Open

Coming up

Don't miss

Replay


LATEST SHOWS

DEBATE

Europe's Plan for Putin - Will Russian Leader Bend After New Sanctions? (part 2)

Read more

DEBATE

Europe's Plan for Putin - Will Russian Leader Bend After New Sanctions?

Read more

FOCUS

Pakistan's Ahmadis living in fear of extremist attacks

Read more

WEB NEWS

Web users show solidarity with Iraqi Christians

Read more

THE INTERVIEW

Gilles Kepel, Islamic and Arab world specialist

Read more

BUSINESS DAILY

Argentina braced for another debt default

Read more

DEBATE

Too Late for Sanctions? Pressure Mounts on Russia over Ukraine (part 2)

Read more

DEBATE

Too Late for Sanctions? Pressure Mounts on Russia over Ukraine

Read more

MEDIAWATCH

'What would you do?'

Read more

  • US and EU slap Russia with fresh sanctions over Ukraine

    Read more

  • Scores killed as Israel ramps up Gaza bombardment

    Read more

  • Dozens killed in stampede at Guinea rap concert

    Read more

  • 'Compelling' signs Kosovo leaders trafficked organs, prosecutor says

    Read more

  • Graphic: Ebola spreads across West Africa

    Read more

  • Islamists seize key Benghazi army base as fuel fire rages on

    Read more

  • In pictures: ن - a sign of support for Iraq’s persecuted Christians

    Read more

  • Calls mount to ban France’s ‘violent’ Jewish Defence League

    Read more

  • Venezuela: Hugo Chavez’s ‘little bird’ strikes again

    Read more

  • France extradites suspected Jewish Museum shooter to Belgium

    Read more

  • Video: How tourism is helping Rwanda’s gorillas, ex-poachers

    Read more

  • Rare Sri Lankan leopard cubs born in French zoo

    Read more

  • US says Russia violated arms treaty by testing cruise missile

    Read more

  • Argentina in last-ditch effort to avert default

    Read more

Global partnership to give Africans access to cheaper malaria drugs

Latest update : 2009-04-17

Africans will be able to buy more effective and affordable malaria drugs at their local pharmacies, under an international partnership launched in Norway. Malaria strikes about 250 million people a year, one million of whom die.

AFP - More effective drugs to treat malaria are set to be cheaper for Africans to buy at their local pharmacies, under an international partnership launched Friday at a meeting in Norway.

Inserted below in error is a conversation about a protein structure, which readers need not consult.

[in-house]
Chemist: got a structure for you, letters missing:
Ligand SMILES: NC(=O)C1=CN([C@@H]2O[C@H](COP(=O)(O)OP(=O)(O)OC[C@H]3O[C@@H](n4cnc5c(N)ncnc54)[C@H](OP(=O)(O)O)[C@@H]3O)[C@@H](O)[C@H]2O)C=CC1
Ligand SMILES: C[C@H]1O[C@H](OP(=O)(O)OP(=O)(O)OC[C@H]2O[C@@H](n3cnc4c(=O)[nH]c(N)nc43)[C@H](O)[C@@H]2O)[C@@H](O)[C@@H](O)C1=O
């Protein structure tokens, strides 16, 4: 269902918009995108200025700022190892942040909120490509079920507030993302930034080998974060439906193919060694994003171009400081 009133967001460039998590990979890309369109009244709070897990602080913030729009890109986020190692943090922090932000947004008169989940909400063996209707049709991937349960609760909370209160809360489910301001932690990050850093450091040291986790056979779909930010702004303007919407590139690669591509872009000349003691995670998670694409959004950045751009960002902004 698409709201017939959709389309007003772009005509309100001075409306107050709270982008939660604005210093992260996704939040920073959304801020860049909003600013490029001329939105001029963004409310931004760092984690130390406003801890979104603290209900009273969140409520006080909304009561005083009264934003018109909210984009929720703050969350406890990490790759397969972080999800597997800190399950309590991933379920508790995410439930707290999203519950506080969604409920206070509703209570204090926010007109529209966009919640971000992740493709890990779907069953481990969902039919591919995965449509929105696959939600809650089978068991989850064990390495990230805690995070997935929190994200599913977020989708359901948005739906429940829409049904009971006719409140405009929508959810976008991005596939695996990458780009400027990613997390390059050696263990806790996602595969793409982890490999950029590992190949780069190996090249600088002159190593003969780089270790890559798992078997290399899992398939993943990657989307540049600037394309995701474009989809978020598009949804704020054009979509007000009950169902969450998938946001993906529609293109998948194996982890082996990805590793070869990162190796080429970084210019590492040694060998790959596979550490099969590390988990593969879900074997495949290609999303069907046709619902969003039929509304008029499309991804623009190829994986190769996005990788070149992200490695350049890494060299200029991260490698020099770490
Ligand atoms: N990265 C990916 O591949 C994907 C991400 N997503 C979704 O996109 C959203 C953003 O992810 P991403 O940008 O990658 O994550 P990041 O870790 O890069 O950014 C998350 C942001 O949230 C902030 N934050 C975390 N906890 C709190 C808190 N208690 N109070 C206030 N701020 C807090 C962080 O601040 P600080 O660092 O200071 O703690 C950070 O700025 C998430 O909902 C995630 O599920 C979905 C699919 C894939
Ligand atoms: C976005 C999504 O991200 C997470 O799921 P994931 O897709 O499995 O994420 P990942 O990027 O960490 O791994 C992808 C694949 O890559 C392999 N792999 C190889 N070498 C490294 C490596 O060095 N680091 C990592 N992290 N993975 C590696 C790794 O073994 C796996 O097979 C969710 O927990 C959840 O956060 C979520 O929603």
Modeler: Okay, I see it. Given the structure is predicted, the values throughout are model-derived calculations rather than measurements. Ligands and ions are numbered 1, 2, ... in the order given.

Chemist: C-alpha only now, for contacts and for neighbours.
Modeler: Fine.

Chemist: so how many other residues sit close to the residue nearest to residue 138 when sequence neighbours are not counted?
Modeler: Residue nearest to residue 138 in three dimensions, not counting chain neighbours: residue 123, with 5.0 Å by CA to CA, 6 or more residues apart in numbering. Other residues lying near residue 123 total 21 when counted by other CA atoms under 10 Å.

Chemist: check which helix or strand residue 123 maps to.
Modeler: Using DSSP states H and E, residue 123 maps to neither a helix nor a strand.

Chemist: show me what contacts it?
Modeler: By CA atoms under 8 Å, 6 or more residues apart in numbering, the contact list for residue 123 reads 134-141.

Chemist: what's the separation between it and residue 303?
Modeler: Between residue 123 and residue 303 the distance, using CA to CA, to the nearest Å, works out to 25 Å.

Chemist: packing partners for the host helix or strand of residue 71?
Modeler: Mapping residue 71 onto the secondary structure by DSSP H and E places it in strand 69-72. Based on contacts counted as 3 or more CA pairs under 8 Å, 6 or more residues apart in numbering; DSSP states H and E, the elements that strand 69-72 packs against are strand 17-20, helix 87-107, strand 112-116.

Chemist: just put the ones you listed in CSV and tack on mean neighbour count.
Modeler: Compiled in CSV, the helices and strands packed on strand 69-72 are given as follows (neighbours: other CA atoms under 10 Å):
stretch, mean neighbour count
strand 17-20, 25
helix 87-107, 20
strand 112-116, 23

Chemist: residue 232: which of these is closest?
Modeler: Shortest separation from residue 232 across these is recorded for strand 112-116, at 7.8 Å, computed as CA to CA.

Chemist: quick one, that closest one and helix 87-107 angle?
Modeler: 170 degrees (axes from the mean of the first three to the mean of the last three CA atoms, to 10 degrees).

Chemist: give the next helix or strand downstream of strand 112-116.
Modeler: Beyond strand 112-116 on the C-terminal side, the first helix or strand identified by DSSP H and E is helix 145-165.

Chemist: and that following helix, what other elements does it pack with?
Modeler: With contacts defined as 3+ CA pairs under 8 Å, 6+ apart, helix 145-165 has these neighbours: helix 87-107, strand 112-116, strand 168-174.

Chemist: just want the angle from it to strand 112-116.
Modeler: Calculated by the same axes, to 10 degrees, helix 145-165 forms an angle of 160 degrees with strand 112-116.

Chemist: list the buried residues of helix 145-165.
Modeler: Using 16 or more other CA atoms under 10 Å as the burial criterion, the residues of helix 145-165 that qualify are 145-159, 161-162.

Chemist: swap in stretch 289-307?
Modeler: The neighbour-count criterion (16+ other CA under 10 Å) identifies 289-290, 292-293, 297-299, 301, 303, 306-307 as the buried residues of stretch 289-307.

The Affordable Medicines Facility aims to push down the cost of modern malaria drugs in order to drive older, ineffective medications off the market, the Global Fund to Fight AIDS, Tuberculosis and Malaria said.

"The age when the world had effective drugs against infectious diseases but let millions die each year because they couldn't afford them is over," said Norwegian Foreign Minister Jonas Gahr Stoere in a statement.

The facility will initially be offered to 10 nations in Africa -- Benin, Ghana, Kenya, Madagascar, Niger, Nigeria, Rwanda, Senegal, Tanzania and Uganda -- as well as Cambodia.

Sharing the initial cost of 225 million dollars (172 million euros) over two years will be Britain and UNITAID, an international drug-buying facility created by France and supported by 27 other nations.

The Global Fund will manage the facility.

Spread by mosquitos in tropical regions, and most notably in poorer developing countries, malaria strikes about 250 million people a year -- one million of whom die, 90 percent of them children.

New drugs, known as artemisinin combination therapies, or ACTs, are available for free in public health clinics, the Global Fund said.

But because they are up to 40 times more expensive over the counter, many malaria sufferers opt for cheaper, older medicines that the malaria parasite has, over time, grown resistant to.

Unitaid said the current price of ACT treatment ranges from six to 10 dollars down to less than 20 cents.

"There is no reason any child should die of malaria anymore," said Michel Kazatchkine, executive director of the Global Fund.

"We have insecticide-impregnated bed nets to protect families from mosquitos and effective drugs to treat those who do fall ill. Now we only need to ensure that all who need these things get them."

Unitaid president Philippe Douste-Blazy called for an end to what he called the paradox of an African child dying every 30 seconds from malaria when effective medication exists to counter the illness.

Reversing the incidence of malaria and HIV-AIDS is among the Millenium Development Goals set out by the United Nations in 2000 which notably aim to reduce extreme poverty by half by 2015.
 

Date created : 2009-04-17

COMMENT(S)